I don't see anything racist in the text. There's nothing I see that directly attacks what it calls the "negroid" race.
The quotes phrase definitely is way too broad, and quite patronizing. But neither of these are unusual in encyclopedia entries (or even academic writing) of the time.
As for the Catholic Church... THE CATHOLIC ENCYCLOPEDIA DOES NOT REPRESENT THE OFFICIAL POSITION OF THE CATHOLIC CHURCH, EITHER IN 1911 OR TODAY.
Yes, the encylcopedia has an imprimatur/Nihil Obstat. But that means that there's nothing inside of it contrary to the faith (as it was at that time), as determined by the censor.
Yes, the encylcopedia does contain Catholic teachings, but it contains MUCH more than that. It's a work by Catholic professors, trying to provide what was then the insights of the latest scholarship for the educated reader.
In my view, its flaws include:
- inconsistency: the articles are written to different standards. Some are well written according to the highest standards of objectivity you can set; others fall FAR short of academic objectivity and accuracy.
- too many opinions: frequently, the authors give their own opinions, theological or otherwise, on an issue the Church as a whole has not made a decision on.
- rationalist critique: rationalist debunking of "unprovable myths" was fashionable among orthodox Catholic scholars then (the emergence of rampant heterodoxy in Catholic universities today has generally made orthodox Catholic scholars much more careful when they speculate). There are LOTS of times when it says "such and such a tradition about Saint X has no proof it has a miracle; therefore it should not believed", sometimes in direct conflict with the opinion of the Church -then or now.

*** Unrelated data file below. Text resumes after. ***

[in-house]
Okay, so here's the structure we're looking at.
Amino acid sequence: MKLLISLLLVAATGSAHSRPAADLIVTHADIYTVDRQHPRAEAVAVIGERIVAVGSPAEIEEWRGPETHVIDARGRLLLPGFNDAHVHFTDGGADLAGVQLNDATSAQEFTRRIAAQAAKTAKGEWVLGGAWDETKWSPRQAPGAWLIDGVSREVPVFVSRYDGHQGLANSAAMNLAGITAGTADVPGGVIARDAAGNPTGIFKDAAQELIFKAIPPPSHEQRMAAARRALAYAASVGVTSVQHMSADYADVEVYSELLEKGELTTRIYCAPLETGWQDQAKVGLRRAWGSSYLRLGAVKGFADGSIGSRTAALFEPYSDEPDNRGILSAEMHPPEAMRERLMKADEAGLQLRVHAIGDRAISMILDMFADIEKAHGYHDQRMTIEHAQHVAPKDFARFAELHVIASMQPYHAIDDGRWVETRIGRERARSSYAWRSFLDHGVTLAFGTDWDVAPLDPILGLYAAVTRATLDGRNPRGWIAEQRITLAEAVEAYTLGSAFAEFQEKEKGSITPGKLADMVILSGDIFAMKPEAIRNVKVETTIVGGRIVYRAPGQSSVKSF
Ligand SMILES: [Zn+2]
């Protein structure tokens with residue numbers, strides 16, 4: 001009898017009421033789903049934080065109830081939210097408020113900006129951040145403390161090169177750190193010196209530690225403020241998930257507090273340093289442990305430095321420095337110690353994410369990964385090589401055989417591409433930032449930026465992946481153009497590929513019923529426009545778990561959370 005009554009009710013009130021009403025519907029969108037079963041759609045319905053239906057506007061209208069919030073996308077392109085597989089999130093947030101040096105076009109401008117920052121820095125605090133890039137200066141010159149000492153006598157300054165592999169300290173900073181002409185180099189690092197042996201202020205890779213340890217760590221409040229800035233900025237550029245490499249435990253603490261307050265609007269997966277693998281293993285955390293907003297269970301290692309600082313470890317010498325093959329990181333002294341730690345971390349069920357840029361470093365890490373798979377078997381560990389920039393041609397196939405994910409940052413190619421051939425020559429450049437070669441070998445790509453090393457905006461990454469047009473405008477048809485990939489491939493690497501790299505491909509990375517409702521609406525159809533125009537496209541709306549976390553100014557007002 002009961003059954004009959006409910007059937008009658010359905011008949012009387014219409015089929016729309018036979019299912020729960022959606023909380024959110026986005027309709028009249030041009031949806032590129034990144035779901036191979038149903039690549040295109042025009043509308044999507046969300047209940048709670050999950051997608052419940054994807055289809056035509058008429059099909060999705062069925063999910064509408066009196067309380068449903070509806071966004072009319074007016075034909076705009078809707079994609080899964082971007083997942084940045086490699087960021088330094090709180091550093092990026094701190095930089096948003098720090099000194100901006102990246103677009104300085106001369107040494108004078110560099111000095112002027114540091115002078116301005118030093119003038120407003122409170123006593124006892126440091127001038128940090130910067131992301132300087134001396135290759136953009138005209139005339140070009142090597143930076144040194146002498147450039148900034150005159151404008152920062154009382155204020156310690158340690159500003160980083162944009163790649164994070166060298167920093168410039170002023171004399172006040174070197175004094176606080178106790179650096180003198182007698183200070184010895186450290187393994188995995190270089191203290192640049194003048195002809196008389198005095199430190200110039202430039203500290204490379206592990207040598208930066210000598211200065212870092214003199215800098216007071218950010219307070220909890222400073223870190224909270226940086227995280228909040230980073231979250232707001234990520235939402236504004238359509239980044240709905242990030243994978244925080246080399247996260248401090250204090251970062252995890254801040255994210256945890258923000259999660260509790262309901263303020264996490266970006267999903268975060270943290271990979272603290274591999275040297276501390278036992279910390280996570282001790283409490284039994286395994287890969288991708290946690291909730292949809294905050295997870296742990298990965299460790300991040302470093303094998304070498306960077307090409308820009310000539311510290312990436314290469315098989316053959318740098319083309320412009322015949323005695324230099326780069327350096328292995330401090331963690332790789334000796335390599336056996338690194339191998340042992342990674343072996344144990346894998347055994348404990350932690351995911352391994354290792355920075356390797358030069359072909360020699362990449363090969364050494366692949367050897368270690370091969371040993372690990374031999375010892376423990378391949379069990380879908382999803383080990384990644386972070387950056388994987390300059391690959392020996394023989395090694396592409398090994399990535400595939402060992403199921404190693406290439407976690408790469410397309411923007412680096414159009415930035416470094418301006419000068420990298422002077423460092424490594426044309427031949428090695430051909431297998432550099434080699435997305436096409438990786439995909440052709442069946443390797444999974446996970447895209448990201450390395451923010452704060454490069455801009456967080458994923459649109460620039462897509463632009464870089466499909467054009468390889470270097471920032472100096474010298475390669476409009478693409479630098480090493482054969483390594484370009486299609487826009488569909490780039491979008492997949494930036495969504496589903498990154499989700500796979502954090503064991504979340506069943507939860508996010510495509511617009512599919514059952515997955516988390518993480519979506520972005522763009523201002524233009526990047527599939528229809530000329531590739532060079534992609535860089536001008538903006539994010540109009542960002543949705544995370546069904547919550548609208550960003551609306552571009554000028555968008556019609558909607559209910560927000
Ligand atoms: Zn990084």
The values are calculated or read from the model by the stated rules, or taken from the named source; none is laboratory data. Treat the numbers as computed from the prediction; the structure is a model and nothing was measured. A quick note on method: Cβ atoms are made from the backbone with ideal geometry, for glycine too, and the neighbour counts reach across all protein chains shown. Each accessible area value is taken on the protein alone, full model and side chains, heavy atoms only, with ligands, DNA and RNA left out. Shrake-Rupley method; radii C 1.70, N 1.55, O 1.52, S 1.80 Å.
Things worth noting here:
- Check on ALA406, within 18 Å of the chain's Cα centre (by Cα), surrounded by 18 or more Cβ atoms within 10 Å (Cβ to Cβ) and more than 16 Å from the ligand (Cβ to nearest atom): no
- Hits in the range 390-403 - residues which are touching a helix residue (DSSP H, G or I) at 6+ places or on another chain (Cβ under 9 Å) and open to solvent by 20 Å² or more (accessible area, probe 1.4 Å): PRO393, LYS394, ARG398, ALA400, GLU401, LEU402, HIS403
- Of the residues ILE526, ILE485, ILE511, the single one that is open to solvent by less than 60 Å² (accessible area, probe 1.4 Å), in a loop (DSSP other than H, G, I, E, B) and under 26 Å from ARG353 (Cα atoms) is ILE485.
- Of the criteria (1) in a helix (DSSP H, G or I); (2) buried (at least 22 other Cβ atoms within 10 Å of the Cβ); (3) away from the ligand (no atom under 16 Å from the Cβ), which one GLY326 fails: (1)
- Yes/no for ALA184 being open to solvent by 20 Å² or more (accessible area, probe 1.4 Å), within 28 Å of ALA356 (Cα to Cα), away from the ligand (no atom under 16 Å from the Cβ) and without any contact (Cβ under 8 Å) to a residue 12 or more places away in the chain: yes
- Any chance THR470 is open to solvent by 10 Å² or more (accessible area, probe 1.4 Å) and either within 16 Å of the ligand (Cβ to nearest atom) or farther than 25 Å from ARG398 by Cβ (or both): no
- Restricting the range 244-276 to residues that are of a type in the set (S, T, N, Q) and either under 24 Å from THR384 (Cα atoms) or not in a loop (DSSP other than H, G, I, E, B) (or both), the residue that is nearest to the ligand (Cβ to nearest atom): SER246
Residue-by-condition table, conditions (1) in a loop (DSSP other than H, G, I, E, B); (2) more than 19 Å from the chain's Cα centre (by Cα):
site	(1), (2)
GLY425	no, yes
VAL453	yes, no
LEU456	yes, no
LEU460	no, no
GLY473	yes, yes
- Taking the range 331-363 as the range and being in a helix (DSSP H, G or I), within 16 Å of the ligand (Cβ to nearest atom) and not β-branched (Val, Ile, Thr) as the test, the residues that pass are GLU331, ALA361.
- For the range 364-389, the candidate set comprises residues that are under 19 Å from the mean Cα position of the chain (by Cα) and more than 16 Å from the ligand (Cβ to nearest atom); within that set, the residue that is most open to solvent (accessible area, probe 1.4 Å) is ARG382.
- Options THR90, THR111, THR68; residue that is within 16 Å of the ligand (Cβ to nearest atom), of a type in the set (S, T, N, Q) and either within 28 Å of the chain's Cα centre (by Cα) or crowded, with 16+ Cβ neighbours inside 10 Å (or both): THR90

- inaccuracies: there's been a LOT of scholarship in the past century in just about every topic in that encyclopedia which has provided incontrovertible facts that make some (not all by any means, just some) of the articles either obsolete or laughably inaccurate. I know most people on this board will say "oh it's modern scholarship, so it must be evil". Sometimes, you do have to take modern scholarship with a grain of salt. But other times it provides incontrovertible evidence and insights about a particular topic.
- changes in Church teaching since then: as much as Tradist types will howl about it, the Catholic Church has come out with decisive statements in the past 100 years on various subjects which overturn theological opinions that were widely accepted back in 1911. Vatican II and other documents before and since have decisively ruled on subjects like "who can be saved?", or the legitimacy of the Orthodox position.
The article on Hesychasm is an example of the encylopedia's strengths and flaws. It gives an OK history of the controversy between Barlaam and St. Gregory Palamas (yes, I said Saint) and the subsequent decisions. But where it presents the Hesycast opinion, it does so in an unobjective and polemical manner; I'm no expert in Palamite theology but I'd imagine it's wrong in several areas. The article's condescension DOES NOT represent the Catholic Church's opinion on Hesychasm at all.
So, the Catholic Encylcopedia is a generally OK reference book for Catholic theology, circa 1911. There's a lot of good stuff in there. But it must be read with caution; some things are dated or outright false. And it's NOT the official position of the Catholic Church; those who wish to find such should go to this site:http://www.usccb.org/catechism/text/